John Burns: Daily Diatribe

John P Burns
by John P Burns
From the desk of Johnny B:
Heck, there just isn't much pissing me off to write about these days,unfortunately. The race season's started, the wife hired a gardener, thehole in the boat is fixed, spring is here. If not for George Bush wantingto issue nuclear hand grenades to our troops, I'd be a reasonably contenthominid, if I hadn't been flipping through my new Road & Track and readthis letter from one Bob Tindel of beautiful Redlands, California.

The topic--and pardon me for coming back to it again--is deadshits holdingup traffic in the left lane of the freeway. Take it away Bob...

"I recently retired from 32 years with the California Highway Patrol andhave written many tickets for these violations. Unfortunately , a drivermoving at the speed limit on a multi-lane freeway is not in violation andhas no duty to move over and let traffic pass."

This sent me in a huff (may have been a minute-and-a-huff) straight to theCalifornia Vehicle Code at the local library. I flipped around the index,found passing and overtaking, and spent a total of maybe five minutes incoming to Section 21654--Slow-moving vehicles:

Seems pretty clear to me (except for the "notwithstanding" opening ofparagraph (a), which means in spite of, or although--which means nevermind the speed limit.) I don't know whether to blame former-OfficerTindel, or the people who trained him (or failed to), or to crack anotherNatural Light and cry. I mean, if I can look this up in a few minutes,you'd think at some point during his 32-year career, especially if itbugged him, Officer Tindel might've checked it out himself? What do theydo during all those gruelling weeks at CHP boot camp anyway? (Personally,I'm picturing a man in a neatly trimmed mustache using a pointer toidentify the various nmembers of the donut family. "You've got yourcruller, your glazed, your cake....") Apparently they're not wasting timereading the Vehicle Code.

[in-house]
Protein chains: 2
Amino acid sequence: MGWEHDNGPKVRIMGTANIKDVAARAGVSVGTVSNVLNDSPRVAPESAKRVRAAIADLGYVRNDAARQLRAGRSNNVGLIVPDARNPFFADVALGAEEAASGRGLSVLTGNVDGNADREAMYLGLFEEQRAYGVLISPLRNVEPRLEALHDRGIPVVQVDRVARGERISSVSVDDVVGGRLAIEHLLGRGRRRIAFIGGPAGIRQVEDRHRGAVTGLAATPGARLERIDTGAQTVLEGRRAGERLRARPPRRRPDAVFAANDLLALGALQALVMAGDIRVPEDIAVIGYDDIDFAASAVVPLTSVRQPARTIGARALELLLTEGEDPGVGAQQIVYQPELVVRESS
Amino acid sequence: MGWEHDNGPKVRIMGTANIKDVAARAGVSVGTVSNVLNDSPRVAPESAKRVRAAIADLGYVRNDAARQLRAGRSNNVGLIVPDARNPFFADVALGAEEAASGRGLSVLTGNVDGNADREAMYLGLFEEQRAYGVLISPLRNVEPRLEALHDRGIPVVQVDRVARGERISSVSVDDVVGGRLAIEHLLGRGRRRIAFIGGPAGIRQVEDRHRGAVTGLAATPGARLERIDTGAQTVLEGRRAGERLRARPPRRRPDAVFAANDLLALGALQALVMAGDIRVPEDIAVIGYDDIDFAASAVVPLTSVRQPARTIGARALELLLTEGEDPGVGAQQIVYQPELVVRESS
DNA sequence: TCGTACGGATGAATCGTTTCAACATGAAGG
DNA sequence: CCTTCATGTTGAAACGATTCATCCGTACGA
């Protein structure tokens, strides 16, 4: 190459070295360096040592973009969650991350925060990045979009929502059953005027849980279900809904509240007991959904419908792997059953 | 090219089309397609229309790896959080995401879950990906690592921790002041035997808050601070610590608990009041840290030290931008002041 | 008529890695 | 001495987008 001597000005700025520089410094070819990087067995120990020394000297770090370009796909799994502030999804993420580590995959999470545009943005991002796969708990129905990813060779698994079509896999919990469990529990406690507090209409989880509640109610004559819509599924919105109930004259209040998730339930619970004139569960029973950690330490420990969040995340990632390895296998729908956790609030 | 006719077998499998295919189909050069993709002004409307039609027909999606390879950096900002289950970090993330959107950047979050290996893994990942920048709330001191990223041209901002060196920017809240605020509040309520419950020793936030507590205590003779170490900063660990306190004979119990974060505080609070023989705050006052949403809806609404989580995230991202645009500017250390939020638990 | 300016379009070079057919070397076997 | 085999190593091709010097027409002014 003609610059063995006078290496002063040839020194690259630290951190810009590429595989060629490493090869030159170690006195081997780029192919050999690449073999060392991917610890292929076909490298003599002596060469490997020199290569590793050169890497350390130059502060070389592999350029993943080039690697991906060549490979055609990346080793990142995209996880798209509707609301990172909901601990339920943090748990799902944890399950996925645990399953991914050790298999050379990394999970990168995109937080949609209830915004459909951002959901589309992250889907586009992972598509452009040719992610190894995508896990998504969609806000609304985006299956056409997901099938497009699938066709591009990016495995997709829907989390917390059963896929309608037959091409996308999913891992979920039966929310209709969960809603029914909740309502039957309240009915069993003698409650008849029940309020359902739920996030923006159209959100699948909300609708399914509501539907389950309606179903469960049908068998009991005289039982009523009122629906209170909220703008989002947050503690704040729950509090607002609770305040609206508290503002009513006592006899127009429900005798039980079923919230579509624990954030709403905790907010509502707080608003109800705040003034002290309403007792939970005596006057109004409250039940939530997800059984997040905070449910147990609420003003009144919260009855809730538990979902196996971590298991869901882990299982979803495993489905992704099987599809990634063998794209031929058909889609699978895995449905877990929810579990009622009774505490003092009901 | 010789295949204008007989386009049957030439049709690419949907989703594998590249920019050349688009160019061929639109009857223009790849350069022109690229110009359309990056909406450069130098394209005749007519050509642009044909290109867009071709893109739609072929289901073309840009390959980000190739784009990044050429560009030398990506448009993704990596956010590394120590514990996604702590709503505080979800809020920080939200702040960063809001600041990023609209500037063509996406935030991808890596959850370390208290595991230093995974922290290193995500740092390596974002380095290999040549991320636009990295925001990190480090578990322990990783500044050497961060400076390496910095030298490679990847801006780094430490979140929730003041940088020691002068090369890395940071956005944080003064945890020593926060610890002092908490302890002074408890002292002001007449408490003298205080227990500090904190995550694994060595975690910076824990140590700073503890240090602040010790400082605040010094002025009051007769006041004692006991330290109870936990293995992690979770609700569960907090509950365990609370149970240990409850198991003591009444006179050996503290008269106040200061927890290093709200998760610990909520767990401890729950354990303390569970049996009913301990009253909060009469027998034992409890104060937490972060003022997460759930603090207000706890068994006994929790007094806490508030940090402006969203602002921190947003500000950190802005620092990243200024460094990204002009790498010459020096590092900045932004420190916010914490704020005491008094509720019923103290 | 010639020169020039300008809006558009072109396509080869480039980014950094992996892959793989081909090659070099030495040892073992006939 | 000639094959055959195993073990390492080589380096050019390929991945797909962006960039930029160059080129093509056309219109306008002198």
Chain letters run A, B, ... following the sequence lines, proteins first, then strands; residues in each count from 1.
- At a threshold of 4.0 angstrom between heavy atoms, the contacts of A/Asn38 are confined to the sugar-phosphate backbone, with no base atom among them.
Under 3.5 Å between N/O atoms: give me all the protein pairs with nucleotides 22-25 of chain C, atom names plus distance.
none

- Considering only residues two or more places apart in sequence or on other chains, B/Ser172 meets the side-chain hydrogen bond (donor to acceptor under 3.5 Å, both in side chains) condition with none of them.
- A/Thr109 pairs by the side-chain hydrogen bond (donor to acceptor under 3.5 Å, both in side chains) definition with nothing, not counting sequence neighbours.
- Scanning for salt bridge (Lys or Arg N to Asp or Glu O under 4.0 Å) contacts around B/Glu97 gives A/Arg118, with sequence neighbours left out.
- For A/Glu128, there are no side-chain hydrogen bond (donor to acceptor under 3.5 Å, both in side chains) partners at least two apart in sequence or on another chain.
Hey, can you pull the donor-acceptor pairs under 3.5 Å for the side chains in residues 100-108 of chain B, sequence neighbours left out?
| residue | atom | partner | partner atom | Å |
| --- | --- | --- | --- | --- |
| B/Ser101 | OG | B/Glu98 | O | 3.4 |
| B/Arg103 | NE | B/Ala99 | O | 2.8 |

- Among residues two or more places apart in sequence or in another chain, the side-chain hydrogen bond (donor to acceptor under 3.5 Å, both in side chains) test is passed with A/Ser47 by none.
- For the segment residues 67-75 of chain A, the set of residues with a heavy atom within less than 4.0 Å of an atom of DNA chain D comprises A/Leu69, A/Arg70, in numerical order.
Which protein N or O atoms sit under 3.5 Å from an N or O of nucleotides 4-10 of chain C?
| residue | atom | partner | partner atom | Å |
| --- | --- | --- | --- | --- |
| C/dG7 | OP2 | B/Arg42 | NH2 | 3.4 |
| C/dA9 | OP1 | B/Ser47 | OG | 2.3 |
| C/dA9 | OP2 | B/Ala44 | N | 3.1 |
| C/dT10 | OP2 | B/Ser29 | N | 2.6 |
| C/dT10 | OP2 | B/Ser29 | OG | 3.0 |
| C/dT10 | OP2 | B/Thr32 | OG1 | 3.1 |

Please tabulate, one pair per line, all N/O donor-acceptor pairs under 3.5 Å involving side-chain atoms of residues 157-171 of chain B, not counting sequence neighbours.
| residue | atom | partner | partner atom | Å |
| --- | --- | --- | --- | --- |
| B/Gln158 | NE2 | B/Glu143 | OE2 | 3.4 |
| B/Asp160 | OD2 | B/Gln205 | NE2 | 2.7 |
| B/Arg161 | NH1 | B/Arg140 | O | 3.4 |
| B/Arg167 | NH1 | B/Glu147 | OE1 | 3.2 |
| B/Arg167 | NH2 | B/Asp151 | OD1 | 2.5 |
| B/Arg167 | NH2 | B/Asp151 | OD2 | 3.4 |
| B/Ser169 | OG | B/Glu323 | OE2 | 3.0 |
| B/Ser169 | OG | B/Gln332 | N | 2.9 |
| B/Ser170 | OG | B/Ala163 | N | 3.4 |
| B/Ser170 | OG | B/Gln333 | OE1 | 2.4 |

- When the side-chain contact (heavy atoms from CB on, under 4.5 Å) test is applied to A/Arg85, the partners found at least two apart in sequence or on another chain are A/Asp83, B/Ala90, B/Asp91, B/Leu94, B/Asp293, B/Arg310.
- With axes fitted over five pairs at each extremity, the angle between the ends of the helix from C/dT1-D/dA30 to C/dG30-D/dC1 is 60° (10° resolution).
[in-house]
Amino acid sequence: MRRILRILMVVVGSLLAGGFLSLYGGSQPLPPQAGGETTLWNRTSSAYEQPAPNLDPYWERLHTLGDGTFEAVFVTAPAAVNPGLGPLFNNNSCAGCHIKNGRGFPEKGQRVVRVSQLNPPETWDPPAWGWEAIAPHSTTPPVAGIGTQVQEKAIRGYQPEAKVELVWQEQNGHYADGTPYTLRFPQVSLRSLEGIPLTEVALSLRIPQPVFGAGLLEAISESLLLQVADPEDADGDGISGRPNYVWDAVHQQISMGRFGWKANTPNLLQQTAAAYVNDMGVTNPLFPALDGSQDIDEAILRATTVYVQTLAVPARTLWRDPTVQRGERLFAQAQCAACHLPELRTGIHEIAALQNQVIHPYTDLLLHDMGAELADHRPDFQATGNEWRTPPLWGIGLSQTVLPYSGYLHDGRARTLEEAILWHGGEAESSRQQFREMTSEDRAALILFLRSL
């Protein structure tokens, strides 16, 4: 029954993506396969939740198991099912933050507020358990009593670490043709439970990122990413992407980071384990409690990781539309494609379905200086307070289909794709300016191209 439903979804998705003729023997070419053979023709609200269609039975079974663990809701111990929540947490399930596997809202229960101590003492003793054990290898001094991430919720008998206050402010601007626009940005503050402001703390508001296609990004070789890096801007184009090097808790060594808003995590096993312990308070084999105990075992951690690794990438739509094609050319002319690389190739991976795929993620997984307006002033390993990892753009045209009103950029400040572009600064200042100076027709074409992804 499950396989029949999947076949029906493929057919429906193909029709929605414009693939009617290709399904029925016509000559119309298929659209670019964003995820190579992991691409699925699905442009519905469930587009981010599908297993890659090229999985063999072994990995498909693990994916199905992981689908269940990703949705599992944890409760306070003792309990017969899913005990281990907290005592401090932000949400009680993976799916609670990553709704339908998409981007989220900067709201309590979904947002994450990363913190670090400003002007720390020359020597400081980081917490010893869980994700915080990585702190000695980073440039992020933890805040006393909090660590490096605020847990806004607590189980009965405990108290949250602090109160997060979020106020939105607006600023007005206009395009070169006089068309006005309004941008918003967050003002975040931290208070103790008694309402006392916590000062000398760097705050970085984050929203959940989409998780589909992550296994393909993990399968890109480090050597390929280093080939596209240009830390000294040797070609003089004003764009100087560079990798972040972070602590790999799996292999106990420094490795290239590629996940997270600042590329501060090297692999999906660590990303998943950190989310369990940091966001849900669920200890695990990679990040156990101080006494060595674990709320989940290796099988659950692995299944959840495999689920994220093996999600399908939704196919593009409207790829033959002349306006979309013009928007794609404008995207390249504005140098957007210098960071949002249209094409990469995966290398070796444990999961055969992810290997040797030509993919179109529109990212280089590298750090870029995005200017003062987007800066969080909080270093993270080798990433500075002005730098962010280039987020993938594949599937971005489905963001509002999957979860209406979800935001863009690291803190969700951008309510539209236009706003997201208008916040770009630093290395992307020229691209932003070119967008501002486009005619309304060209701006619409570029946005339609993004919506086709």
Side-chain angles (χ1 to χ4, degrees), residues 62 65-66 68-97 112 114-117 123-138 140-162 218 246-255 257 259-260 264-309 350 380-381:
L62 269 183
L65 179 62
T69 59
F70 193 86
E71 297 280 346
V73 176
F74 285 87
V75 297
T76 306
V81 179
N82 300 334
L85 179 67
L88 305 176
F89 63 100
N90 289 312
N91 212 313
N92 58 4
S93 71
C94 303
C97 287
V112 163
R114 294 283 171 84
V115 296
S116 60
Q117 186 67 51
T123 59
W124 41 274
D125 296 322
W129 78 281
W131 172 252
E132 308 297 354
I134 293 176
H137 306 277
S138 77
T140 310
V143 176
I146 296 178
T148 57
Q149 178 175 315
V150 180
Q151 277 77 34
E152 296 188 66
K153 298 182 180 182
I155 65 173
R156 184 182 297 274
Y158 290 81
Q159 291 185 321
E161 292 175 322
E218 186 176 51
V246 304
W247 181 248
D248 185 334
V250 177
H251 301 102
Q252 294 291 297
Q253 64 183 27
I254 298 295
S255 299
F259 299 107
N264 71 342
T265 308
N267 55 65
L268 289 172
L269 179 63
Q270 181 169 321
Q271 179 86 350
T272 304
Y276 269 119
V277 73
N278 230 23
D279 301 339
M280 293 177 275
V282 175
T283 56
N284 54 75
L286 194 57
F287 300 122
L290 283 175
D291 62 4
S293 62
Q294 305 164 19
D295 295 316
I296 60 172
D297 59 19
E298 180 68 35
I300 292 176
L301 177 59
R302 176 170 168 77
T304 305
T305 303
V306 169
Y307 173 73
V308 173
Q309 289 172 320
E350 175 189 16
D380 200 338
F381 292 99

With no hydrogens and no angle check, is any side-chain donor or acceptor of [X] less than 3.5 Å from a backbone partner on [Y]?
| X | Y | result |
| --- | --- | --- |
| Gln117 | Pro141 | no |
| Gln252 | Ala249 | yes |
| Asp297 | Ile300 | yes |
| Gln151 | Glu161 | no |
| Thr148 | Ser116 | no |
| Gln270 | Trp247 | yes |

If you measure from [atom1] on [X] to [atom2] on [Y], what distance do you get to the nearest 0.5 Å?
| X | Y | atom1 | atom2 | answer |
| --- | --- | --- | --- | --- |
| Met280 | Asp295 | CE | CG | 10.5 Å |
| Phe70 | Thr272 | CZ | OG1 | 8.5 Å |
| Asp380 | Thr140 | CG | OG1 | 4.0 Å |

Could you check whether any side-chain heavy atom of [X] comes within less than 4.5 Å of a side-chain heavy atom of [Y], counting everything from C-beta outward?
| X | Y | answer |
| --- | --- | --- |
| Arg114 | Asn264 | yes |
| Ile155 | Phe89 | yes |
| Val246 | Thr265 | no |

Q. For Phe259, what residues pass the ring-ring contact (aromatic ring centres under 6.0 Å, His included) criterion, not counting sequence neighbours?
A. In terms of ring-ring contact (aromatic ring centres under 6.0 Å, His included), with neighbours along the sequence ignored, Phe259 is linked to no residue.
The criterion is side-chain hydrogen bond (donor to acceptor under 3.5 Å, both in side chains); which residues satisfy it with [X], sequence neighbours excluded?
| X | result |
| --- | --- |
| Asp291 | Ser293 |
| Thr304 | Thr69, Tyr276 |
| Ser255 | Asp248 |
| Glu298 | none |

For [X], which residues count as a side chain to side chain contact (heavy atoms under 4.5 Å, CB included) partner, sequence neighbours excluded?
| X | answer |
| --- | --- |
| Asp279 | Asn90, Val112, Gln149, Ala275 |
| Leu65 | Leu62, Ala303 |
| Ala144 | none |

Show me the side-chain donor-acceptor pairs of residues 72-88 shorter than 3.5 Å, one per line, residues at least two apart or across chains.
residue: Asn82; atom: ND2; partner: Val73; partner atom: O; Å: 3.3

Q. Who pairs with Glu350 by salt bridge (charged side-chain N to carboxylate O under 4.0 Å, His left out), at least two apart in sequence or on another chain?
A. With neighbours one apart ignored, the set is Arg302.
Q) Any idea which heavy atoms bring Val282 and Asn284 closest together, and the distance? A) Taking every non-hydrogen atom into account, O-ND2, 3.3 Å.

All I can repeat is what I've been told by others sworn to uphold themanifold laws of the land: Ignorance is no excuse.

We at MO are dedicated to spreading enlightenment whereverpossible. Forward this to ten people, chain-letter style, and you will berewarded with a less stressed commute. Fail to do so, and a bitter littleman on a motorcycle will pass you while honking his horn.


I CAUGHT MOTORCYCLIST TV last night on the Speed Channel, hoping tocatchsight of my graceful dismount from an R1 at last month's launch fromCircuit Catalunya. (I only got off because I knew Rich Oliver was rightbehind me with the camera rolling.) No reportage, I guess those guys don'tlove me anymore.

However, MC TV did report on the new BMW R 1150 GS Adventure, completewith a little dirt-road footage, where it was obvious enough for Marc Cookto observe that the GS's off-road capabilities are sketchy at best--justlike we mentioned in our test of the "R" model last week. Meanwhile, I'vebeen using the R as daily transpo, and liking it even more all zetime. (Seems to cruise smoother now there's a couple thousand miles on,and fuel mileage is around 43 mpg.) I'm curious, then, why two bikes assimilar as the GS and the R--they share the same drivetrain--should carrysuch wildly divergent price tags? The base 1150 GS will set you back$14,500; our base Roadster goes for a paltry $9,990.

We at MO can only conjecture it's the ol' "overcompensation" thing atwork, the same thing powering sales of huge pick-ups and SUVs. Takeadvantage; the "R" seems like a huge bargain from where I sit (closer tothe pavement).

That is all.


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